It’s a blog eat blog world

This post was first published on Asian Creative Transformations, 6 February 2015

Drama and disorder in the Singaporean webscape

01

I spent all of Christmas 2014 and New Year 2015 conducting follow-up fieldwork, glued to my battery-malfunctioning iPhone 5 (b. 2013) and painfully slow MacBook Pro (b. 2010). Well, I should say I stumbledback into fieldwork. I was visiting Singapore to spend the holiday season with my sister, and definitely hadn’t planned on devoting so many of my waking moments to compulsively taking screen shots, archiving blogposts, collecting press clippings, and holding conversations in spurts and spews at three in the morning.

But drama happens, and drama never waits. And among social media microcelebrities, it’s a blog eat blog world.

Microcelebrities and numbers

Social media microcelebrities are Internet users who craft and conscientiously curate personas online, and grow intensely popular among a niche audience. In Singapore, the most successful of these are bloggers in the ‘lifestyle’ genre, who also post on other platforms such as Instagram, Twitter, YouTube, Facebook, and AskFM, where they boast hundreds of thousands of followers internationally.

Many of them pursue blogging full-time, and earn the bulk of their revenue from personalized editorial-style advertisements (also known as ‘advertorials’) integrated into the personal narrative of their daily lives. It is an extremely enticing industry with top bloggers raking in hundreds of thousands of dollars in endorsements and advertorials, including sponsored weddings, sponsored vehicles, sponsored home renovations, and even years worth of sponsored baby products for their high profile younglings from birth.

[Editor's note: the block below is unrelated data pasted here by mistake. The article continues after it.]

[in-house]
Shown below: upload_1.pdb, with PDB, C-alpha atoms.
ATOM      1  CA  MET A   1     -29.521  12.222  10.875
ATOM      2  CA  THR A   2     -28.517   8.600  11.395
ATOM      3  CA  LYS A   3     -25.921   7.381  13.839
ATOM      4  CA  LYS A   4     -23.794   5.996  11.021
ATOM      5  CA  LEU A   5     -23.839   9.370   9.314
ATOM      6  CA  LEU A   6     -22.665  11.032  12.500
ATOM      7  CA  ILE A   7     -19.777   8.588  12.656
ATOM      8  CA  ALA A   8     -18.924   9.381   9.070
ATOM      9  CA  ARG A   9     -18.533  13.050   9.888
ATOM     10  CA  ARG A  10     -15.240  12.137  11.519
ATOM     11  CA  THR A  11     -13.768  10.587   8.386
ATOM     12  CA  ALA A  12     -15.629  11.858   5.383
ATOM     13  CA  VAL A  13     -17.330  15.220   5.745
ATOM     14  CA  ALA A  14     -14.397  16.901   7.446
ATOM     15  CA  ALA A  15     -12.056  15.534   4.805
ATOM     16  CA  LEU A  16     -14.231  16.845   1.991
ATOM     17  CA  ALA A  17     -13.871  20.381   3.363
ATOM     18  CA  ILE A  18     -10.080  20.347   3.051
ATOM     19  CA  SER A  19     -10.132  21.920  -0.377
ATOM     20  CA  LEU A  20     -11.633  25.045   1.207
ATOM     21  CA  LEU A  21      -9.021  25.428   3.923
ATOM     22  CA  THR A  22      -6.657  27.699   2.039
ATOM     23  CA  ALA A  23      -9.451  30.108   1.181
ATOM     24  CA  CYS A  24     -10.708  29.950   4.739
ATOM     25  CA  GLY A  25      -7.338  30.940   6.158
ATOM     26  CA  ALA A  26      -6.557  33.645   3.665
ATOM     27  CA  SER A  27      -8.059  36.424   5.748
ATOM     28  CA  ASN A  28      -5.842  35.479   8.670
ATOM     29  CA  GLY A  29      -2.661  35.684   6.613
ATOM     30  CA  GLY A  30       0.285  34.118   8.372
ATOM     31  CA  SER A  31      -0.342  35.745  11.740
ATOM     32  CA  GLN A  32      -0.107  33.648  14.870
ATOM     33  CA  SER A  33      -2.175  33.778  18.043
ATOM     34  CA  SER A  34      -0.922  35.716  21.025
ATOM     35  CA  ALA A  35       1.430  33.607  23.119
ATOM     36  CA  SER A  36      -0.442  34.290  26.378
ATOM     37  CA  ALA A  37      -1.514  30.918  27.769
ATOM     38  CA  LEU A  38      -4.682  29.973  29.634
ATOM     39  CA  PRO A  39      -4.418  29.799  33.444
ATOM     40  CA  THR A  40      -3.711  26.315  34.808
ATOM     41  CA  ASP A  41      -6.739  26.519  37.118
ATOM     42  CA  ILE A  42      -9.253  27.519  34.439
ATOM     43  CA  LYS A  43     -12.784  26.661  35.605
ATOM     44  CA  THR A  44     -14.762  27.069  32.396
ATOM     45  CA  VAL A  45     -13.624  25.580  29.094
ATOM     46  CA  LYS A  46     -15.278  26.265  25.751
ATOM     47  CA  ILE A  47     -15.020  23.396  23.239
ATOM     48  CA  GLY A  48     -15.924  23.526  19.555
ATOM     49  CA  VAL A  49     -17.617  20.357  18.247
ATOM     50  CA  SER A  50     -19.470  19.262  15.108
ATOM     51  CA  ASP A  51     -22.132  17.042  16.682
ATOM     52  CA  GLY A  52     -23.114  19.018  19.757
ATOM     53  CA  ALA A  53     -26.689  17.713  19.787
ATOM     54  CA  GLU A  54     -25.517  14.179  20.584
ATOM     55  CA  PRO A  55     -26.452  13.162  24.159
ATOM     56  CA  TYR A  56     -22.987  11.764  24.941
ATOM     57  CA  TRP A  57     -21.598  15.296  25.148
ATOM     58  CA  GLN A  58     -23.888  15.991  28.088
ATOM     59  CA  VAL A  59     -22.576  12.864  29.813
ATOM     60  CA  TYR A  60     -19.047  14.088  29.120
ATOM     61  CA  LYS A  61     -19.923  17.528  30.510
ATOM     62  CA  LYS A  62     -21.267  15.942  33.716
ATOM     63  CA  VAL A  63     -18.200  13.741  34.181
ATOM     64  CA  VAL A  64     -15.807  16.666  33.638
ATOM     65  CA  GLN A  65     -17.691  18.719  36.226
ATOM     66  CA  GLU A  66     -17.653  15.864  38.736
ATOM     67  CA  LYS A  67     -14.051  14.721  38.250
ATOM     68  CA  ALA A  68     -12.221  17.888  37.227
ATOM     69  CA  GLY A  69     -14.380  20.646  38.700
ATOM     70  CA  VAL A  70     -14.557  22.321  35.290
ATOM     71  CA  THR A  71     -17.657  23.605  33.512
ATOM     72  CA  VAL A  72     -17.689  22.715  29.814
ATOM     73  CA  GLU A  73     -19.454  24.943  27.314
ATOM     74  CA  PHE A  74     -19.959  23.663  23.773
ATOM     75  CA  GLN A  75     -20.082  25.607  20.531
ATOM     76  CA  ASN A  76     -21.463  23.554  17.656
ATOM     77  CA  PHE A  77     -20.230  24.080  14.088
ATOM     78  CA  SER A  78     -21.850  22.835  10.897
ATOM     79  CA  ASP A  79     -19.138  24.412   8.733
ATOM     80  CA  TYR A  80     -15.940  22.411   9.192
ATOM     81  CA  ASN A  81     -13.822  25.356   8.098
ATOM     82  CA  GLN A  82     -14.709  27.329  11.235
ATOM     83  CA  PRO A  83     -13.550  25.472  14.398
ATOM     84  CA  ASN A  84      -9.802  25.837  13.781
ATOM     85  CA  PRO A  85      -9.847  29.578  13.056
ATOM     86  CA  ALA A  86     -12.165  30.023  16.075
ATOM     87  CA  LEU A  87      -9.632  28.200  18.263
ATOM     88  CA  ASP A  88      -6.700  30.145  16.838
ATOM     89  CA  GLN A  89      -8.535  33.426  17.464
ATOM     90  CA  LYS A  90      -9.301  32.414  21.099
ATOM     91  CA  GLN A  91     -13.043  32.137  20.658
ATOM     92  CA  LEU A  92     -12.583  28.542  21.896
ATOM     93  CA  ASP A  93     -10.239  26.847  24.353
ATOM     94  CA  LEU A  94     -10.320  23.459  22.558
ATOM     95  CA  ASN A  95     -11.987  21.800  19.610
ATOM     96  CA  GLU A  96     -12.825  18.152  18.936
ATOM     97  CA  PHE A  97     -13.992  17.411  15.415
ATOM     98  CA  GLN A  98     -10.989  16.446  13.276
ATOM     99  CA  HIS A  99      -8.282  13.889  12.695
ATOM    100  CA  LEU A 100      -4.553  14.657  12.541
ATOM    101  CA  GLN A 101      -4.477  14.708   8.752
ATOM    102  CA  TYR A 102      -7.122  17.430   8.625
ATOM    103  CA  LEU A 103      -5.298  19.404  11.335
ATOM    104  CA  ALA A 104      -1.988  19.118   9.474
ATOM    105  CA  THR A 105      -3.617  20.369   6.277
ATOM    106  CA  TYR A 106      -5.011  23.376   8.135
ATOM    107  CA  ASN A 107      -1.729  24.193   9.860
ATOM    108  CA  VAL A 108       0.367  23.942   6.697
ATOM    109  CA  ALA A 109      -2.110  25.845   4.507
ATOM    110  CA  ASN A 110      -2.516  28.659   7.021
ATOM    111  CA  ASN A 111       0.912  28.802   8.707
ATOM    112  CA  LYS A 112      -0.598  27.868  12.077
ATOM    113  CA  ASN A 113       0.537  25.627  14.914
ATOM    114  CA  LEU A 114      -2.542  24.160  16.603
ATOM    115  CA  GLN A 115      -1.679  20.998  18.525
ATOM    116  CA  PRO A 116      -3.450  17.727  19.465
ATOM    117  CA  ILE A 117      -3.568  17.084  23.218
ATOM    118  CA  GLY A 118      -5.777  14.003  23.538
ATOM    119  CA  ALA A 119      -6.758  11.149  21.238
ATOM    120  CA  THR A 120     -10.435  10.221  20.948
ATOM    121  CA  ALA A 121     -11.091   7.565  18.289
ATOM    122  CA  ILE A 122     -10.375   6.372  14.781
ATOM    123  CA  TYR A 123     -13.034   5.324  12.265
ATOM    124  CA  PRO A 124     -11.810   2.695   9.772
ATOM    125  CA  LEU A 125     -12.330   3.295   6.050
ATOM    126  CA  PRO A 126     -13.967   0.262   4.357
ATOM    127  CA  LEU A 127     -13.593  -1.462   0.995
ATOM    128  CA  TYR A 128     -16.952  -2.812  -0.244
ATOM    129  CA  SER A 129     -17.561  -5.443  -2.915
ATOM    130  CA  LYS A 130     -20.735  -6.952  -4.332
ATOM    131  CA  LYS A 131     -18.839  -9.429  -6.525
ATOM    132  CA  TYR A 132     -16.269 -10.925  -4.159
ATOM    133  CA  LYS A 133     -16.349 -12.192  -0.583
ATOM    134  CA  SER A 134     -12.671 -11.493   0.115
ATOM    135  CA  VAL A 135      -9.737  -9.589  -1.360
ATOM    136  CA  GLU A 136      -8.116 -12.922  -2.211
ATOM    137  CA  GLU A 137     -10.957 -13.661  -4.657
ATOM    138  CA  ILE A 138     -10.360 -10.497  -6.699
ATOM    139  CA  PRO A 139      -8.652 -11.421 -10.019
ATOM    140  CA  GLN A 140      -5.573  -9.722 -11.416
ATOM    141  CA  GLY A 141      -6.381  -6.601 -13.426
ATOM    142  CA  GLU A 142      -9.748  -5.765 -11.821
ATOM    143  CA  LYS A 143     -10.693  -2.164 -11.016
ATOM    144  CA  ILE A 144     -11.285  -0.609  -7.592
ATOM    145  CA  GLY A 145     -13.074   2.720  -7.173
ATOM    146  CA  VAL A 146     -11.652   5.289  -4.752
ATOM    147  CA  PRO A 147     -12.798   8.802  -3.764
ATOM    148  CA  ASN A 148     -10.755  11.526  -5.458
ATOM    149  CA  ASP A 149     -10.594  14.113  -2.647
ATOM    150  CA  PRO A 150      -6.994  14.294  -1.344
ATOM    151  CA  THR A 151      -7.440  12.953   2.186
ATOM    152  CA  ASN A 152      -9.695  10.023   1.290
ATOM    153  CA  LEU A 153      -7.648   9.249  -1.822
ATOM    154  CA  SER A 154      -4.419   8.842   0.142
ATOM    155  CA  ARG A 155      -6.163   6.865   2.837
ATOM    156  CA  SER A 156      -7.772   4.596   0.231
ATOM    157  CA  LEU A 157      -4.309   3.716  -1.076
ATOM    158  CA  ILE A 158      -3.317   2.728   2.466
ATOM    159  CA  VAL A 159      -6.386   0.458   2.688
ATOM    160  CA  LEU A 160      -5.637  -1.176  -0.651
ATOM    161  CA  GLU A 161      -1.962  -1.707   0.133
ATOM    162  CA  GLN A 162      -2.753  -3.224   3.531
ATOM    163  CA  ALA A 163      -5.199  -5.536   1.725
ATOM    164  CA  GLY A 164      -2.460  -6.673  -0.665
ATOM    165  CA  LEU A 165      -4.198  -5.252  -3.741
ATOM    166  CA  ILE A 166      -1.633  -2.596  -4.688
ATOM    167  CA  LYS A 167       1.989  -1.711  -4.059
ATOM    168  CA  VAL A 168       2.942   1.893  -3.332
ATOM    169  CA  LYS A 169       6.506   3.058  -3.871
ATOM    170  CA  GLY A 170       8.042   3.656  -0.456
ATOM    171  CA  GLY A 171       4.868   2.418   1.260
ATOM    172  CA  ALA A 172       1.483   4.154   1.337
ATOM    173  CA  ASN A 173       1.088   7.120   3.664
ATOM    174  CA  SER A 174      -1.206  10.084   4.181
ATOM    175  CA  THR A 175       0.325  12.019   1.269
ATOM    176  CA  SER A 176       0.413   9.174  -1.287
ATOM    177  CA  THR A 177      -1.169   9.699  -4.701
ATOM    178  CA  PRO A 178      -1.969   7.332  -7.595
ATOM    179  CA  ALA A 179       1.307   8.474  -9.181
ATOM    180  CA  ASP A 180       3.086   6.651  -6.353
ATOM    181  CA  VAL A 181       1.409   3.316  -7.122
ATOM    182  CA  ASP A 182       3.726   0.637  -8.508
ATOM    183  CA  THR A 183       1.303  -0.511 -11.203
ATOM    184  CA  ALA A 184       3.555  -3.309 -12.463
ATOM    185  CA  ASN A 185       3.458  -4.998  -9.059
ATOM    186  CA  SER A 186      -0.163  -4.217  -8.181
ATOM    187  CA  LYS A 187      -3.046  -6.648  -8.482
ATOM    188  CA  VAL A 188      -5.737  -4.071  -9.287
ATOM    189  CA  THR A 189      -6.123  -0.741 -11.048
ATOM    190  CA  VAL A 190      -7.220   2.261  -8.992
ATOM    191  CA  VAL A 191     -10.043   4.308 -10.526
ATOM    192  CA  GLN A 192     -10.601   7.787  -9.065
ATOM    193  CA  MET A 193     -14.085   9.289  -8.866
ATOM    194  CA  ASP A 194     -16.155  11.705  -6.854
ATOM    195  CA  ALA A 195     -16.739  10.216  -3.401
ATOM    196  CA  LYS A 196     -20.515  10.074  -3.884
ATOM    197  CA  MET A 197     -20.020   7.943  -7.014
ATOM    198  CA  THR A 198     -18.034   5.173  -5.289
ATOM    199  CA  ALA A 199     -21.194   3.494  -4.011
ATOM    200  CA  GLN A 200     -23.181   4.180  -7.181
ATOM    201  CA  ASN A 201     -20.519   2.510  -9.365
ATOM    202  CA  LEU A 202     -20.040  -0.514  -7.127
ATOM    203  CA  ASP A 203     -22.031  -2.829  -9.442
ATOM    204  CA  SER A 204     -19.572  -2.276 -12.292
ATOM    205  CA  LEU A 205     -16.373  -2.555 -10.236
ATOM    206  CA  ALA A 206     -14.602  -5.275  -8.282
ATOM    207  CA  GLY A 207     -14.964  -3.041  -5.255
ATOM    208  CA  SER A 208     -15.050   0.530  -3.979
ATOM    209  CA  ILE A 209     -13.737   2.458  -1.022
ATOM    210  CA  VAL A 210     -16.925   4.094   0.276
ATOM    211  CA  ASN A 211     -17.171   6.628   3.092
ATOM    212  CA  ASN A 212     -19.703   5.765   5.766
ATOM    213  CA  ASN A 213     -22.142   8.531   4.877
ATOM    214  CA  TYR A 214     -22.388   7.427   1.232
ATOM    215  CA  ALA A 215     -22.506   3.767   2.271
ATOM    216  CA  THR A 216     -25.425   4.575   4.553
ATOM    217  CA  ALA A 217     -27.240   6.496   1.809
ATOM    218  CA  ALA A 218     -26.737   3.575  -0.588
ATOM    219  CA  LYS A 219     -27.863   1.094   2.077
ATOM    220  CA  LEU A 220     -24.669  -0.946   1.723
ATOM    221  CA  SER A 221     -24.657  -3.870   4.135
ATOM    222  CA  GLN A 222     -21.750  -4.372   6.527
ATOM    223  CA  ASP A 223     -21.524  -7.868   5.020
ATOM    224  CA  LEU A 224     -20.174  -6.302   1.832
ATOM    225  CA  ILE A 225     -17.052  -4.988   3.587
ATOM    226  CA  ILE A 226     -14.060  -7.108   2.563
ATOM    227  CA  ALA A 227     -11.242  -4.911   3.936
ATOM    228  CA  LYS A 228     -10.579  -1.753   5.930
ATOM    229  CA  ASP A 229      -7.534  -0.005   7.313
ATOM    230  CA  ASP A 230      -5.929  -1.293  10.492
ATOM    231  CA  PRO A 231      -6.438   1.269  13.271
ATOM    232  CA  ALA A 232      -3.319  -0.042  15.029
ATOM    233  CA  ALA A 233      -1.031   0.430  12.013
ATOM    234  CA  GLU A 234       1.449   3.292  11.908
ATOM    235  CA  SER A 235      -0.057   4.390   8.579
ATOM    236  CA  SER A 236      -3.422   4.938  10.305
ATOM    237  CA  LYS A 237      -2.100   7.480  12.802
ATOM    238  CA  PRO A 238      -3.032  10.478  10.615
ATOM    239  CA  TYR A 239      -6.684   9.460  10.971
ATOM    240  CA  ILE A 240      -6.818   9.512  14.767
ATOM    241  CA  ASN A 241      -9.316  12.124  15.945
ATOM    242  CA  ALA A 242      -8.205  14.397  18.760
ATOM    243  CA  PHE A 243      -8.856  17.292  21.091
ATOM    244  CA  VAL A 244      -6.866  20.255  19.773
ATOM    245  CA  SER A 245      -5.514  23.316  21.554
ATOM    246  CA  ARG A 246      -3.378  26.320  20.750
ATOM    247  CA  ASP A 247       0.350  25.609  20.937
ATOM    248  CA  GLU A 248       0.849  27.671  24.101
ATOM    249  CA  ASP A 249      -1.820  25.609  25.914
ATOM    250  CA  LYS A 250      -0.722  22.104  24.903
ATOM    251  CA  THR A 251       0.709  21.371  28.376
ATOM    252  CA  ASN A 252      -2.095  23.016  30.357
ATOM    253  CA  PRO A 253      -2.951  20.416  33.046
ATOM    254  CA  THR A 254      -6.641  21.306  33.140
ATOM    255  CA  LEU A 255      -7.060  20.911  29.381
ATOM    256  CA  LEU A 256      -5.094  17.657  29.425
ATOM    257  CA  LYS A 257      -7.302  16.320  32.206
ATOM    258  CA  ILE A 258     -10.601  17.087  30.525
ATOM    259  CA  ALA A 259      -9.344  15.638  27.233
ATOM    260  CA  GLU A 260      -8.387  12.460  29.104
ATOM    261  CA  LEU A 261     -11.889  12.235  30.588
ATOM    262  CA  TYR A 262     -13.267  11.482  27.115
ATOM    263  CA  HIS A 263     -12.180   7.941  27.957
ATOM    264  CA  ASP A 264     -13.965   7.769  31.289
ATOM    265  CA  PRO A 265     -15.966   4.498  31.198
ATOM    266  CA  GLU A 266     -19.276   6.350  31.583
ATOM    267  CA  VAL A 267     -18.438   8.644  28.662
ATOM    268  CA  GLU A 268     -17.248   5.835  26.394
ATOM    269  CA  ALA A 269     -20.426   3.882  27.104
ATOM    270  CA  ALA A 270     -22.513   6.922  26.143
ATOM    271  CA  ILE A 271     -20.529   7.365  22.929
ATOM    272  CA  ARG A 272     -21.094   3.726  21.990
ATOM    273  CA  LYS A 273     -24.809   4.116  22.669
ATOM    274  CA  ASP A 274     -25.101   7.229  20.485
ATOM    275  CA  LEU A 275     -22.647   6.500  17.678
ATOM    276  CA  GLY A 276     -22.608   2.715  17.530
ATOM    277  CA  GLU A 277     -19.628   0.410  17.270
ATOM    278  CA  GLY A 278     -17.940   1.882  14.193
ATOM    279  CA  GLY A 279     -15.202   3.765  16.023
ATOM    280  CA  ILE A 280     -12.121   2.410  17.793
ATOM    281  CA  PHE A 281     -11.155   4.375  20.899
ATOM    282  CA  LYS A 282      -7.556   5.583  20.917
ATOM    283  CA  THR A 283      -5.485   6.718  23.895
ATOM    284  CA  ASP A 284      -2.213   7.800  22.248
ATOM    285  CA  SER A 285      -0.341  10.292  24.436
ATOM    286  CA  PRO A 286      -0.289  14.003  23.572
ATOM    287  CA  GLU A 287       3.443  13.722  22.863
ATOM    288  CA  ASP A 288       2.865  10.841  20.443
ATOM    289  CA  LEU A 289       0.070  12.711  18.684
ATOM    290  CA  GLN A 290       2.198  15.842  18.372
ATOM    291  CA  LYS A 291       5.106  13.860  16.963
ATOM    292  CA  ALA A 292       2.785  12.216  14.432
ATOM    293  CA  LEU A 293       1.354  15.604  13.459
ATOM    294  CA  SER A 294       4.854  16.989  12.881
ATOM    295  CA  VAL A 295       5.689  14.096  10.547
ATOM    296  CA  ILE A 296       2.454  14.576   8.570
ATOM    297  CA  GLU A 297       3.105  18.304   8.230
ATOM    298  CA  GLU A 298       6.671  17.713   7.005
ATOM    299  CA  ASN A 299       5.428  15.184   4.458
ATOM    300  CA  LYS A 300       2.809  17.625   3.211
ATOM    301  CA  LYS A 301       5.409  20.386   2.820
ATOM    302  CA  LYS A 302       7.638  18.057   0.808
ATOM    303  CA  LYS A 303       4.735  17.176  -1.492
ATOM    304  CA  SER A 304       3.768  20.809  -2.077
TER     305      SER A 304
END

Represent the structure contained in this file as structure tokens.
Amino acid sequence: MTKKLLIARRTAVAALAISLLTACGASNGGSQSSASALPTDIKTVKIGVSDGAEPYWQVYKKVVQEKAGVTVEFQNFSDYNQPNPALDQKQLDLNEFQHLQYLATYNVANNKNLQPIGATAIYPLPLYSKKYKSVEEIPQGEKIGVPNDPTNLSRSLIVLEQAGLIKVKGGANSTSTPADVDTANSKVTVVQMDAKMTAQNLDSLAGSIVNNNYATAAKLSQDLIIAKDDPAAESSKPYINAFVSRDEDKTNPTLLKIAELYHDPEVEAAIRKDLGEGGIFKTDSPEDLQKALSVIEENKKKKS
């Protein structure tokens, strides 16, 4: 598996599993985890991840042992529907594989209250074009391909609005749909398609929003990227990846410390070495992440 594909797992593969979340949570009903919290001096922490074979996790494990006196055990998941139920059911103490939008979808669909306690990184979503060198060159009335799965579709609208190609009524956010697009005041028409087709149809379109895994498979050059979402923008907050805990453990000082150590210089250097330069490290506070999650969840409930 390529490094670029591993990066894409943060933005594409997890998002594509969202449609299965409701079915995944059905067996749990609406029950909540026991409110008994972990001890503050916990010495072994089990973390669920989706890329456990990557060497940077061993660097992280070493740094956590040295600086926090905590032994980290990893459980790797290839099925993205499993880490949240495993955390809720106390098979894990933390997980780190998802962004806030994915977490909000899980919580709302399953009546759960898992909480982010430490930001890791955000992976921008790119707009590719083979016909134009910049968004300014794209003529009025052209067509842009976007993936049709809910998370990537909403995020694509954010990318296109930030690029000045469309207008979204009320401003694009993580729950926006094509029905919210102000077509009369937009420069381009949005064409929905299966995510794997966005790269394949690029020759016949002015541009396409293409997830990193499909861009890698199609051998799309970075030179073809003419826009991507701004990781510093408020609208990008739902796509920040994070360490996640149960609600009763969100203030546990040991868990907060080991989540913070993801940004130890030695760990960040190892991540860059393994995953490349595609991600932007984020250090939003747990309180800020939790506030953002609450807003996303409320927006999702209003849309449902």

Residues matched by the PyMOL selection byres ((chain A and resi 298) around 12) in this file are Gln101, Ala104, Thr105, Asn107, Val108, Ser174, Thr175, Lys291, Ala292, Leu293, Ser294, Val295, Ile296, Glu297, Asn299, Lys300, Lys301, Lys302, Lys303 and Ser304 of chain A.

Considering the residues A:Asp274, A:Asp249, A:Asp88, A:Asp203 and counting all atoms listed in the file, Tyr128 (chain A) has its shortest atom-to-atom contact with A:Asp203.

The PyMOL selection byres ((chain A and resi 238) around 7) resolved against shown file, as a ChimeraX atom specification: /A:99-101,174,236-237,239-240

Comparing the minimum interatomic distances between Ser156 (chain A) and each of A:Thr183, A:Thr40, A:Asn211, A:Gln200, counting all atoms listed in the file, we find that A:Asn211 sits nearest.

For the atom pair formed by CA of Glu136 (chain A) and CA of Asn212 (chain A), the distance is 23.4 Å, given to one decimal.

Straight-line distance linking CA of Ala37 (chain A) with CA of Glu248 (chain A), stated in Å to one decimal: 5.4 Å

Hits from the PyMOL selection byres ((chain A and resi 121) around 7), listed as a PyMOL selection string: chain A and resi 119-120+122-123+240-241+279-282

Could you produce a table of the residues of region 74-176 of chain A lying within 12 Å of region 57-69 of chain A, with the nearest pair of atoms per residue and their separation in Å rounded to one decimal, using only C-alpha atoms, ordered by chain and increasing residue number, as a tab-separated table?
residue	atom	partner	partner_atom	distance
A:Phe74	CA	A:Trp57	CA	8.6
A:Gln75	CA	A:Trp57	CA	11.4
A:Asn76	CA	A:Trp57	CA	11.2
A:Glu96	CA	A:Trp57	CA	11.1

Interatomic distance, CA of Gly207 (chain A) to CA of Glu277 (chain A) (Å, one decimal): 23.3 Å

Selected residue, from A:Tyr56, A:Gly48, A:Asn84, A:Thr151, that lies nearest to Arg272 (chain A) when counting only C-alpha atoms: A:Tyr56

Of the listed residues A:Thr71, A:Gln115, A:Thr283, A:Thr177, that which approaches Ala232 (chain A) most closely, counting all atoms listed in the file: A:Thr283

It’s simple math: the larger your viewership, the larger the pay rate you are able to command from clients. Given the industry’s rapid professionalization and increasing lucrativeness within the last decade, a rising number of young people, fresh out of school, are postponing careers in the more mainstream industries for full-time blogging. As competition grows stiff, several controversies have broken out or been orchestrated as a means to disrupt the equilibrium of blog viewership.

Manufacturing disorder: A case study

02

On 23rd December 2014, one of Asia Pacific’s most (in)famous bloggers made some allegations against a rival social media advertising company in a fairly lengthy blogpost she termed an ‘exposé’. Specifically, she accused the company of inflating earnings, of their bloggers masking ads, of inflating bloggers’ stats, and of procuring fake YouTube views and subscribers. While she claimed to have spent a year gathering ‘evidence’ and ‘research’ to build her case, many netizens noted that she was also a shareholder of a competing social media advertising company, and thus had vested interests in taking down the competition.

Although the accused company has since responded, the saga resulted in several thousand weigh-ins from other social media advertising companies, web microcelebrities, mainstream media influencers, and everyday users. The commotion was exacerbated when a Whatsapp Groupchat involving several bloggers from the accused company was ‘leaked’ and published on a dedicated Tumblr site. The nation’s most prominent citizen-run ‘vigilante’ Facebook group also began conducting their ownexposé’ on the prominent blogger who initiated the accusations.

The incident went viral rapidly, and received national attention via coverage by mainstream print and digital media outlets for a month, even gracing front-page news several times. In addition, citizen-run websites including contentious journalism, vigilante satire, and gossip forums have been providing extended coverage on the saga. But soon, the mob mentality kicked in.

Hundreds of thousands of comments and reactions emerged across popular social media platforms. This included many users behind ‘throw away’ (temporal, non-attributable, and one-use social media accounts set up specifically for the user to comment or spam anonymously) Instagram accounts, who began disseminating hate speech towards several high profile bloggers embroiled in the saga. NSFW (not safe for work) images of a couple of bloggers were also widely circulated on Instagram and cross-posted on other social media platforms.

Bloggers began temporarily restricting their social media feeds to selected groups, or by deleting their accounts all together. Some clients dropped engaged bloggers, while others put contracts on hold. Most everyday users organized themselves into two camps, solidified by the use of two distinct hashtags, each in support of the blogger who made the allegations and the accused company respectively. While the commotion continues to unfold, ethical, business, and legal guidelines for social media microcelebrities have been called into question.